There's something that happens every time I meet a new Japanese person at work or in a social situation. It is at this moment that we must dance the awkward dance of "how much Japanese does this foreigner actually understand?"
Now understand, most foreigners don't speak Japanese. Even long term foreign residents, particularly ones from English-speaking countries, tend to at best cobble together a simulacra of the language that allows them to order in restaurants and ask for directions. And it is more common than you may think that foreign residents of five or more years do not even achieve this low bar.
So there is a very good reason for the Japanese Language Level dance. It starts with a hesitant step, a simple stock phrase like "What is your name?" "How long have you been in Japan?" and so on in that fashion. If that goes well, the tempo steps up and we move to "Do you like Japanese food?" and "Where have you traveled in Japan?"
In my experience, the average Japanese is willing to let things simmer there, since this is the farthest most foreigners get in the dance. Over time (a long time), they will come to accept that you can speak a fair amount of Japanese, and the dance will come to an inevitable beat: "How long have you been studying Japanese?"
But no matter what number of years is answered, there will be a sense of non-acceptance. Even when I say I have studied Japanese for 15 years, this is not sufficient to explain how I can hold a fluent conversation. After all, they've been studying English since Junior High without similar success.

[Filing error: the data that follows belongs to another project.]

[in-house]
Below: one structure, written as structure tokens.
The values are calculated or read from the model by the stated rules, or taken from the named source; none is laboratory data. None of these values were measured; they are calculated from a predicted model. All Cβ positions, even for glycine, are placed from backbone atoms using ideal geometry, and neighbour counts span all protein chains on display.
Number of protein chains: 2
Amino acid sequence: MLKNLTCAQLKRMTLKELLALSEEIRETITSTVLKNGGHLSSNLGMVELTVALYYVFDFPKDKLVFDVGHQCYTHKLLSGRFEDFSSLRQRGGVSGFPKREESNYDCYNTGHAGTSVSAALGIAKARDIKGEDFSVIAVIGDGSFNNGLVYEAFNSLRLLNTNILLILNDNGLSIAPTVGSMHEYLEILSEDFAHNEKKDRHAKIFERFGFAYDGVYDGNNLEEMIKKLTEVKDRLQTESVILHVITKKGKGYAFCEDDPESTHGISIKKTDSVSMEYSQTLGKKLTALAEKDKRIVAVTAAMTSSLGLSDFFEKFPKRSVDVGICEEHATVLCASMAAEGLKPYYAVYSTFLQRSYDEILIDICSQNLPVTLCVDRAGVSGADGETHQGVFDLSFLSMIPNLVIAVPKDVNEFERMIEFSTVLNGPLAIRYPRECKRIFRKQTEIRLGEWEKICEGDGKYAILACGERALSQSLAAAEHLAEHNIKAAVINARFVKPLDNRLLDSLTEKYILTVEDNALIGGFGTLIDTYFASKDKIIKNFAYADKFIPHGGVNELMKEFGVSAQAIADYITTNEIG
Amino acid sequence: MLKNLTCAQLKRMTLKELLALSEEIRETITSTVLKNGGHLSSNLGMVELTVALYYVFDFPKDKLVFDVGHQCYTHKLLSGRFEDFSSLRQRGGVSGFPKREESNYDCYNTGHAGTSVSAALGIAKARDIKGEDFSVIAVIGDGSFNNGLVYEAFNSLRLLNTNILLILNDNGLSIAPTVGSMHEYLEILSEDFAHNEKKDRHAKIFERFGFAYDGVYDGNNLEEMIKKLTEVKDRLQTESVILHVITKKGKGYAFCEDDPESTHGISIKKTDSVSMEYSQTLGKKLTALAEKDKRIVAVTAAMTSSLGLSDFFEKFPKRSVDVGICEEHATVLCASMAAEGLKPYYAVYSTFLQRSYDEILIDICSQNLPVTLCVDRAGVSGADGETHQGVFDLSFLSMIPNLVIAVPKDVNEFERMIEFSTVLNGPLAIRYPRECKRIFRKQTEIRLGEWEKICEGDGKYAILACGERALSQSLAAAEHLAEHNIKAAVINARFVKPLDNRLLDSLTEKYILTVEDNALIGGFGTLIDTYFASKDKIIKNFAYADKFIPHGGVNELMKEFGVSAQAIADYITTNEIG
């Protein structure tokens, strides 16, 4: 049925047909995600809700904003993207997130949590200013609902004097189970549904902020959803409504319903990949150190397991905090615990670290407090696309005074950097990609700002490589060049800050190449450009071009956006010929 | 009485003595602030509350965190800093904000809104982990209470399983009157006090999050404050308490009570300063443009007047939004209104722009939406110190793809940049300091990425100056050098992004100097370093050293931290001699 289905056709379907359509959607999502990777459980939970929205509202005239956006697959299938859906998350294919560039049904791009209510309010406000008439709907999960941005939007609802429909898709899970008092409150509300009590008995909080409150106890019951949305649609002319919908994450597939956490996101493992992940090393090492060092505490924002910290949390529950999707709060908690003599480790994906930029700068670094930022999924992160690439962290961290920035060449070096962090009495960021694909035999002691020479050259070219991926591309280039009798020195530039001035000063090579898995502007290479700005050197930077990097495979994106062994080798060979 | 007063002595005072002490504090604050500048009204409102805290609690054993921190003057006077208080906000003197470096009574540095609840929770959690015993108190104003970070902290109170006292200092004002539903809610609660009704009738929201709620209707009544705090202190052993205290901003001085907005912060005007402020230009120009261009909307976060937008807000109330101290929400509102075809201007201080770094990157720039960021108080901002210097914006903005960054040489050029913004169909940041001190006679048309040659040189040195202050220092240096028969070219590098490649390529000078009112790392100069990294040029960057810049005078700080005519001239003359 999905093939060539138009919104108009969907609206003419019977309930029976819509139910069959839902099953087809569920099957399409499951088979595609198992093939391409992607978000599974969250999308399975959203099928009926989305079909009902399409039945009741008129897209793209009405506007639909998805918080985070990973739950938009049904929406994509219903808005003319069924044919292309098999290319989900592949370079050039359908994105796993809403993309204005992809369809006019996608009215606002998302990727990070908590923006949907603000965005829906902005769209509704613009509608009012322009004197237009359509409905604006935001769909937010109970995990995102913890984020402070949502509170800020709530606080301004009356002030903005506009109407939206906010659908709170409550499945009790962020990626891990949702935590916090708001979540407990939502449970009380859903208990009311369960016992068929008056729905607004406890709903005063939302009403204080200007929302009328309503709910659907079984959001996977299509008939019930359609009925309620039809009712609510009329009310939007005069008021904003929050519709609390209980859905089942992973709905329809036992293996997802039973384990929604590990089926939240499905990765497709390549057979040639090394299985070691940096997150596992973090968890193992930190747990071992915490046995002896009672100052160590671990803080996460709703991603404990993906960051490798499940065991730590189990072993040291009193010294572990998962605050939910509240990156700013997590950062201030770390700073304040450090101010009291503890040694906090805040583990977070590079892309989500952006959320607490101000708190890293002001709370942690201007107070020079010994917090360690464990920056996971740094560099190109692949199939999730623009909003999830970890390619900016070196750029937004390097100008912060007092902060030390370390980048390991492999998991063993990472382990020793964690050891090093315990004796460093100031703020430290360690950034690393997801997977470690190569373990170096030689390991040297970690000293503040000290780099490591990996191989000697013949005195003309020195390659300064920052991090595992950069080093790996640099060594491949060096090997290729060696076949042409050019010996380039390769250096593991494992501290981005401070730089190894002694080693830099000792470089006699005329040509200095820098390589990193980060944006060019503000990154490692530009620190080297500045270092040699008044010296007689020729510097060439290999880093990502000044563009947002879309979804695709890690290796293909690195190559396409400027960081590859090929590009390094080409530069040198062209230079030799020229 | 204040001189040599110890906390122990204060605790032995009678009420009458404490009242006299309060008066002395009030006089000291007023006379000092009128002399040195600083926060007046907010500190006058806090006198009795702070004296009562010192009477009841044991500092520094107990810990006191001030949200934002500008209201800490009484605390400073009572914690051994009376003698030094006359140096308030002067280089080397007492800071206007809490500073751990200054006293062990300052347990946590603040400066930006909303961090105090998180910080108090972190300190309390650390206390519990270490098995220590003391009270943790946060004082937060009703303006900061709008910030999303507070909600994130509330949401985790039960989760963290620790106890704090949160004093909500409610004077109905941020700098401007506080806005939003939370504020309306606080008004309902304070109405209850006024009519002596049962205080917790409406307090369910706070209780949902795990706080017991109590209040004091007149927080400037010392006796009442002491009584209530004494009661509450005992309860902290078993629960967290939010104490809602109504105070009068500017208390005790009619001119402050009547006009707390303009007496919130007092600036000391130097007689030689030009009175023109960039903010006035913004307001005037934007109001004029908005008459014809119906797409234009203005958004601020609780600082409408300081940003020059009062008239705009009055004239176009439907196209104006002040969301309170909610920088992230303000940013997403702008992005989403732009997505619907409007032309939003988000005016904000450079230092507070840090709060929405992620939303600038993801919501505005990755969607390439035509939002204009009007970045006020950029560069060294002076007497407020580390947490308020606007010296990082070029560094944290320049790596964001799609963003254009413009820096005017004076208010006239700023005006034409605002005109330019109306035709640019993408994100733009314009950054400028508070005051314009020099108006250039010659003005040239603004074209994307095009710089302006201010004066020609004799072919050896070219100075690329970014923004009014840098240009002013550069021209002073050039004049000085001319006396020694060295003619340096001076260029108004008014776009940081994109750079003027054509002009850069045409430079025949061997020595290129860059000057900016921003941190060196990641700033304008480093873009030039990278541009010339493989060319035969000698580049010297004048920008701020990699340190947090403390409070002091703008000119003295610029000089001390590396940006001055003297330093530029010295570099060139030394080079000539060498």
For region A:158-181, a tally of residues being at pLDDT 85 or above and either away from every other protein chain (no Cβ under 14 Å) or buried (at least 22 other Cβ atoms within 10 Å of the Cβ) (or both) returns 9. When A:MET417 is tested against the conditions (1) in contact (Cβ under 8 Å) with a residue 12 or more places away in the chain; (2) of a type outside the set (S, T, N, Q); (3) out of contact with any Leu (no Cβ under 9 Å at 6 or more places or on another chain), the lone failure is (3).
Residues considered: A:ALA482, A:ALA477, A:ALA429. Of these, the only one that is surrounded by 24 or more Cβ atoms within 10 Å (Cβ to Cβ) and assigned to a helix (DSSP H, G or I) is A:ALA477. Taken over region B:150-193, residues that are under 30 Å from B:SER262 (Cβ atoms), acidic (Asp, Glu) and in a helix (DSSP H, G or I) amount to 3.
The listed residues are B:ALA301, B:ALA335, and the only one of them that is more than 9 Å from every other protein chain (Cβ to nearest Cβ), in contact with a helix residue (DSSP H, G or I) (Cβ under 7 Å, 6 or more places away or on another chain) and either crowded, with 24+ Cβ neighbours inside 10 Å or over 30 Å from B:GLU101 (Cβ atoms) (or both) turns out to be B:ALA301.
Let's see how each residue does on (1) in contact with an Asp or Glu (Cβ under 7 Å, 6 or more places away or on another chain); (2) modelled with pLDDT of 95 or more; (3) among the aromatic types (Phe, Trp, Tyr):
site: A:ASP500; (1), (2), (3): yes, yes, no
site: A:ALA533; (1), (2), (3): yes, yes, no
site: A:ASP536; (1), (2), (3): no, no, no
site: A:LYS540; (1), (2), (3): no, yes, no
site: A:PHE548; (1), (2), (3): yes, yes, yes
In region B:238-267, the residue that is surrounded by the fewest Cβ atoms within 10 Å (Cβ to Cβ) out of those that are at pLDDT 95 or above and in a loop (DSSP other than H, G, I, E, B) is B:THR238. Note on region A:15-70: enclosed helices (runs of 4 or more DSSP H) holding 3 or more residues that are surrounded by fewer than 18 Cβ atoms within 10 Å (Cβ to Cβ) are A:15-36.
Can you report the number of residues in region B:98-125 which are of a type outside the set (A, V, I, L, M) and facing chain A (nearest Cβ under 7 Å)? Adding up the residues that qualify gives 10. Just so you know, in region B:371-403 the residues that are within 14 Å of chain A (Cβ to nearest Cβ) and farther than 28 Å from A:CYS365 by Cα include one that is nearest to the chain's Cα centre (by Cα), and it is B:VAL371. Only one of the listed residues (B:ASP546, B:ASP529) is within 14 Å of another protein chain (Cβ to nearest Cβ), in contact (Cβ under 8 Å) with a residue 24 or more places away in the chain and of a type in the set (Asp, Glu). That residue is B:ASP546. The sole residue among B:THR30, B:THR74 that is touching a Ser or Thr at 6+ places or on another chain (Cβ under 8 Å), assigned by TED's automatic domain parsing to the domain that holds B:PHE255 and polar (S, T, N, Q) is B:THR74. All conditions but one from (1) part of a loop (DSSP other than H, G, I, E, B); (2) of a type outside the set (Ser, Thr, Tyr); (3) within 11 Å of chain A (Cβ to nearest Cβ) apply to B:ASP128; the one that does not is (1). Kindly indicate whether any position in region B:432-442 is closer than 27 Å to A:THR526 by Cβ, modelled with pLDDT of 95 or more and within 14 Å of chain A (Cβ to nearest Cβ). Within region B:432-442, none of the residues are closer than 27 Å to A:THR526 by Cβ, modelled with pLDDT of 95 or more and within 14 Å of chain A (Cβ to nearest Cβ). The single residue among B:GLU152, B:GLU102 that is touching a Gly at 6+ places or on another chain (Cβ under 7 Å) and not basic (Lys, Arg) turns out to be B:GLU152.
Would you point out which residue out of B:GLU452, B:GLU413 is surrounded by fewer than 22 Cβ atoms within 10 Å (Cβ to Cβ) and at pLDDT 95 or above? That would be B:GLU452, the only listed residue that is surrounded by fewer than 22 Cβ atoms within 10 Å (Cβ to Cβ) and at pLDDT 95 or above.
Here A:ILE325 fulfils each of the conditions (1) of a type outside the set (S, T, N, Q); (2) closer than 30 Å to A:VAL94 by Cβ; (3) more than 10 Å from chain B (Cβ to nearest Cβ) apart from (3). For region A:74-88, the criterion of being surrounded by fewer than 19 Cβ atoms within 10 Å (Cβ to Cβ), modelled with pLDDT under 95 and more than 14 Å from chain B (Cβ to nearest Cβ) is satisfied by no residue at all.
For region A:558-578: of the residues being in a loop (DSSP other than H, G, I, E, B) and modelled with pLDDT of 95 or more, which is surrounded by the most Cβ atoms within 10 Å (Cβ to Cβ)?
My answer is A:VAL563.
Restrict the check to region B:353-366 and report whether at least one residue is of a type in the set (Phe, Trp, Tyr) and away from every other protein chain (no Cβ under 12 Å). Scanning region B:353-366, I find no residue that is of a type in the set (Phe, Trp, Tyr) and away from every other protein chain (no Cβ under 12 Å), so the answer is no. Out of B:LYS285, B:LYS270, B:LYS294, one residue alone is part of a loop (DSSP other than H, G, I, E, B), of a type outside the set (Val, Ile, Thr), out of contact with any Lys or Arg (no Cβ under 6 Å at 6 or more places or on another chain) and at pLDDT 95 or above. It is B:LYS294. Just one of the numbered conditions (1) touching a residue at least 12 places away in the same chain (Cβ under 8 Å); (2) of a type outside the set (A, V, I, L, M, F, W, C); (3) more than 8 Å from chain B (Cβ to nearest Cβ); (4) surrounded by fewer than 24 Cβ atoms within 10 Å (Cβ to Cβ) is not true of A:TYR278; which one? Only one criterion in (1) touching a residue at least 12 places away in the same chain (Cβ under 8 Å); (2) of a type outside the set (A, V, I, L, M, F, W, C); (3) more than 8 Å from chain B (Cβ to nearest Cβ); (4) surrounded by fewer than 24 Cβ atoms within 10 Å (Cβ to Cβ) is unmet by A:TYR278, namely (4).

For you see, it is impossible for a foreigner to simply understand Japanese. There must be a reason, a proof, something to make possible. And the only thing I have found that makes my Japanese ability acceptable is bringing up that I have passed the N1.
For those of you not into studying Japanese, there is a bi-annual Japanese Language Proficiency Test split up into different levels of language ability. The highest level is the N1, which qualifies a person as "Fluent" in the eyes of most institutions.
And so, it does not matter how much Japanese I can read, write, or speak. No amount of demonstrated ability will convince the average person that I can speak, write, or read. But when I mention my Credentials, suddenly they understand that I can do Japanese.
And it is an almost total change. I have had people who acted as if I was speaking gibberish suddenly turn on a dime and converse freely with me once I mentioned my credentials.
Now all of this is so ludicrous to me that I would not have believed it if I hadn't experienced it over and over again for a decade. It is almost as if their mental conception of foreigners as "unable to speak Japanese" prevents them from hearing a foreigner speak Japanese. But the credential, like a magic pendant, breaks the seal on their ears and makes communication possible.